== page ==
Sample Thesis Paper
The debt to equity ratio is calculated by dividing total debt by total equity of a company. Both debt and equity are components of a Balance Sheet. This ratio measures the proportion of debt borrowed by the company from lenders in comparison to the amount invested by the share holders or business owners.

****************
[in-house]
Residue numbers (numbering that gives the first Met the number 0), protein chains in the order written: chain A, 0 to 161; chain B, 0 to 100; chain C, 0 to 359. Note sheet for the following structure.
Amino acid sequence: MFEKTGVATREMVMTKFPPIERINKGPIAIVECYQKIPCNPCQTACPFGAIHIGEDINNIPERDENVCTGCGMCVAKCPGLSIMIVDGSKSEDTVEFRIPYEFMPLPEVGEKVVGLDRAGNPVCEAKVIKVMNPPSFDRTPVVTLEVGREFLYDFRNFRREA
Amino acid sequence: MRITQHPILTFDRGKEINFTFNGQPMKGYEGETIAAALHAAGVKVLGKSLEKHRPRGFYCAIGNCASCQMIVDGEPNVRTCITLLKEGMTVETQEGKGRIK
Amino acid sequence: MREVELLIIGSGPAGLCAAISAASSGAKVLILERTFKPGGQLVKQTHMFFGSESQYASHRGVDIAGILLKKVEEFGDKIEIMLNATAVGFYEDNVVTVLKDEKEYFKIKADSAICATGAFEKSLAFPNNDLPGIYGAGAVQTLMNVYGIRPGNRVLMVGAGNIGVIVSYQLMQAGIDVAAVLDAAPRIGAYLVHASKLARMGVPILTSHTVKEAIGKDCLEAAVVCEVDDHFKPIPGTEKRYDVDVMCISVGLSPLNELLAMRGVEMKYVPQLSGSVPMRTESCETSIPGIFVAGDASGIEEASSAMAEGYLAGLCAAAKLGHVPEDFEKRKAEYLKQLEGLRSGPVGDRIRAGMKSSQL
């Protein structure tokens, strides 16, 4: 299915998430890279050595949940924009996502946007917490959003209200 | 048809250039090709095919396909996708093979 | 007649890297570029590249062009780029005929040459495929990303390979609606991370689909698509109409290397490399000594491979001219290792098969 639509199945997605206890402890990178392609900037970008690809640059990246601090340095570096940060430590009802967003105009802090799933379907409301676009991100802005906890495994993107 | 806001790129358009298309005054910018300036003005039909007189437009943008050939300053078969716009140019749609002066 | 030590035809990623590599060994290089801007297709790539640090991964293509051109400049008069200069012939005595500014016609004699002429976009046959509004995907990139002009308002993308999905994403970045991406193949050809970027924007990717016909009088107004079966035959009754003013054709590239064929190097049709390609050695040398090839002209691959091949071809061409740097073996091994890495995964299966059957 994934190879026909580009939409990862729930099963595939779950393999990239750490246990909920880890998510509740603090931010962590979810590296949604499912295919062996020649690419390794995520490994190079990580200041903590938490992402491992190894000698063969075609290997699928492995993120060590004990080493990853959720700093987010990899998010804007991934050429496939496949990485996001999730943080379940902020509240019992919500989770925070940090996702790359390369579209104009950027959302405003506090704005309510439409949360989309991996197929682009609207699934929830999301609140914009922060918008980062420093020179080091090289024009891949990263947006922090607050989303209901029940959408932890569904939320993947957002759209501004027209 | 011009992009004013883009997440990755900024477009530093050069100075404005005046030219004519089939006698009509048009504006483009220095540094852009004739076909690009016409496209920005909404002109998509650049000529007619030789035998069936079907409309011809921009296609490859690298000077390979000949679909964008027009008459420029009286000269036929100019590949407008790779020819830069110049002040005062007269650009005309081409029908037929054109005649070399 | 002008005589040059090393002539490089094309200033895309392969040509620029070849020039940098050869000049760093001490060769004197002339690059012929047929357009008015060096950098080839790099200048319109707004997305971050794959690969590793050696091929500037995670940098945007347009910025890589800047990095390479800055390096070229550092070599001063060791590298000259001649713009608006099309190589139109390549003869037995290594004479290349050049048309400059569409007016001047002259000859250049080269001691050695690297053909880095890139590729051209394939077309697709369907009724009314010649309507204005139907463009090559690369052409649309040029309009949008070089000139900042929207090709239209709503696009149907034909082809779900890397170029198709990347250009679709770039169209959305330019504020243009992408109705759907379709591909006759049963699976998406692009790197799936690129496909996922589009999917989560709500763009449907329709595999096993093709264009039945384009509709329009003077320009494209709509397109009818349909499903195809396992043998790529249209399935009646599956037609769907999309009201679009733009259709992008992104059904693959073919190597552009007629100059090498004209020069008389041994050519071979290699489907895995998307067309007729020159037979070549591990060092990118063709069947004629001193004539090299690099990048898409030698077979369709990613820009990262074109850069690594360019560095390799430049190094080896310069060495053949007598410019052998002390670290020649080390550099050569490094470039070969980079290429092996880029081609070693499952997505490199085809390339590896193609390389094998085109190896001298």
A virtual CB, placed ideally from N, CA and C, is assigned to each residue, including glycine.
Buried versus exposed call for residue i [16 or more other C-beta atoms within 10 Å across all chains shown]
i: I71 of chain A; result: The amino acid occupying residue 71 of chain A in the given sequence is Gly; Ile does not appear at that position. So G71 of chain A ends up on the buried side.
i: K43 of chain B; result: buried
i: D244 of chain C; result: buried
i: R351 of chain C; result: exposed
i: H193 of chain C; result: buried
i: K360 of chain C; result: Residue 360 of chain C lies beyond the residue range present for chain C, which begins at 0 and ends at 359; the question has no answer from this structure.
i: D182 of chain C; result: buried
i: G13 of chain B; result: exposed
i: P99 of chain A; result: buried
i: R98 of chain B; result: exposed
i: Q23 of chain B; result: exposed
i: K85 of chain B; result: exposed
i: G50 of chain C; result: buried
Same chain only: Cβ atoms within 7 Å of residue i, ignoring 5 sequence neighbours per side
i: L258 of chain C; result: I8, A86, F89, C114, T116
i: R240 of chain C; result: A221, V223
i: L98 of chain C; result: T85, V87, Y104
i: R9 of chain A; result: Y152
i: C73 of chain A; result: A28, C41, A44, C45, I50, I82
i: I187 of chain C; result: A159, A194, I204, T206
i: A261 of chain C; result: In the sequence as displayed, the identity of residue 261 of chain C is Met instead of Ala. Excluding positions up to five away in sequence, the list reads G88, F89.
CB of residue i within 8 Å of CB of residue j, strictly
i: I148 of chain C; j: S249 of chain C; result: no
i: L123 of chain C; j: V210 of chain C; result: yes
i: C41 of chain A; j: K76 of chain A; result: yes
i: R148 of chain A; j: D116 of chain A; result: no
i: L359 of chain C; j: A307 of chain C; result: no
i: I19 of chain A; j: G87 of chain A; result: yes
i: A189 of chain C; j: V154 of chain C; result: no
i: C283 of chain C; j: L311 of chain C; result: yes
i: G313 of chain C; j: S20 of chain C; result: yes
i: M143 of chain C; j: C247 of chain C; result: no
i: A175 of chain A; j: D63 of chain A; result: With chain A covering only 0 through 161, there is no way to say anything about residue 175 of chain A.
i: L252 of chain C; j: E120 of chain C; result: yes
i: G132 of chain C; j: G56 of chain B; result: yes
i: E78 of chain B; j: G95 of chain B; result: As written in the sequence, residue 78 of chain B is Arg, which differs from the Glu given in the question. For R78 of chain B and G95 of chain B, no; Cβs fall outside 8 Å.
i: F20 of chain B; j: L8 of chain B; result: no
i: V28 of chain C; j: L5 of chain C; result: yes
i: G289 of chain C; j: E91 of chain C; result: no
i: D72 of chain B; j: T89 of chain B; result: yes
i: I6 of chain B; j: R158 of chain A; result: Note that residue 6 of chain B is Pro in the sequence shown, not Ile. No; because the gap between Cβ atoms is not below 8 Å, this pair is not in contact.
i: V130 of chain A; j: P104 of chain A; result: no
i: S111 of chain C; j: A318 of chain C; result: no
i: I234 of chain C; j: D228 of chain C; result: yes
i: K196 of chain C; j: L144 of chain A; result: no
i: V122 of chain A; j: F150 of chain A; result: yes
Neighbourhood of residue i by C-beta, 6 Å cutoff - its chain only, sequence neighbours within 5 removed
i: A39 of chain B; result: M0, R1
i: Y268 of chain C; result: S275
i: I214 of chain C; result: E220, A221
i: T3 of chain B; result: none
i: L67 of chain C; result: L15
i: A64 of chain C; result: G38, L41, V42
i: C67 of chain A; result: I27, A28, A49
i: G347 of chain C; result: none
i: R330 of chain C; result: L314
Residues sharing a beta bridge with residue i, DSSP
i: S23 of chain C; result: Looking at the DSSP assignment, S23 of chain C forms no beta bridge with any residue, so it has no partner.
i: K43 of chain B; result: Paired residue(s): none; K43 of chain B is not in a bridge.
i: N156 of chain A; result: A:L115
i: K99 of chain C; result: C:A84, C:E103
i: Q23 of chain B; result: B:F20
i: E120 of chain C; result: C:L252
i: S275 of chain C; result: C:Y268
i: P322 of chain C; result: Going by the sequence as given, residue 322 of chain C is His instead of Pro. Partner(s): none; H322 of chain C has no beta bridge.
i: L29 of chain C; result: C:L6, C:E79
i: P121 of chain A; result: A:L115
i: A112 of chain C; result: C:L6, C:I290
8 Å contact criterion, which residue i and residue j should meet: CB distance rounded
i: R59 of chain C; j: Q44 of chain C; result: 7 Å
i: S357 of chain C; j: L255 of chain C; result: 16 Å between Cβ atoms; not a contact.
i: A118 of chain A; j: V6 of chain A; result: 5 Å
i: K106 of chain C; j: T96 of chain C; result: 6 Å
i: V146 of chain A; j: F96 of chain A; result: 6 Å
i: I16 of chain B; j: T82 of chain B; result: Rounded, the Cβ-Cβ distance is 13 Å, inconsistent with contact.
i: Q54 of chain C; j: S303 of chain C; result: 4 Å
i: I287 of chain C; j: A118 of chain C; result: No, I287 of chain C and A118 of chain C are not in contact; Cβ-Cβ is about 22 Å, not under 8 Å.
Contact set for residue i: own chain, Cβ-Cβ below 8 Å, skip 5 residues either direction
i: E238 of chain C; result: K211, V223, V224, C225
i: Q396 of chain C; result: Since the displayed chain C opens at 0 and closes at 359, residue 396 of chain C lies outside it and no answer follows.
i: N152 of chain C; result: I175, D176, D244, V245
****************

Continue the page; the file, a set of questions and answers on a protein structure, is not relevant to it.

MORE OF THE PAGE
The debt to equity ratio shares similarities with the total debt to total asset ratio. Like the latter, the former too helps analyze the company’s debt situation. However, the debt to equity ratio, as mentioned earlier calculates the proportion of debt in relation to equity, whereas the total debt to total asset ratio measures total debt and matches it to the total assets existing within a company. The debt to equity ratio is analyzed in a similar fashion to the total debt to total asset ratio. A lower debt to equity ratio signifies a better and less risky position for the company and a higher ratio means that the firm is riskier and managers will have to extract a greater amount of returns for that added risk in order to induce potential investors to venture forth and deploy their financial resources in the company. No rational investor will willingly invest his or her money in company with a high risk profile or a high debt to equity ratio if the returns are not greater. If two firms provide the same rate of return for an investor, the logical investor will invest in the company with the lower risk profile, everything else being equal.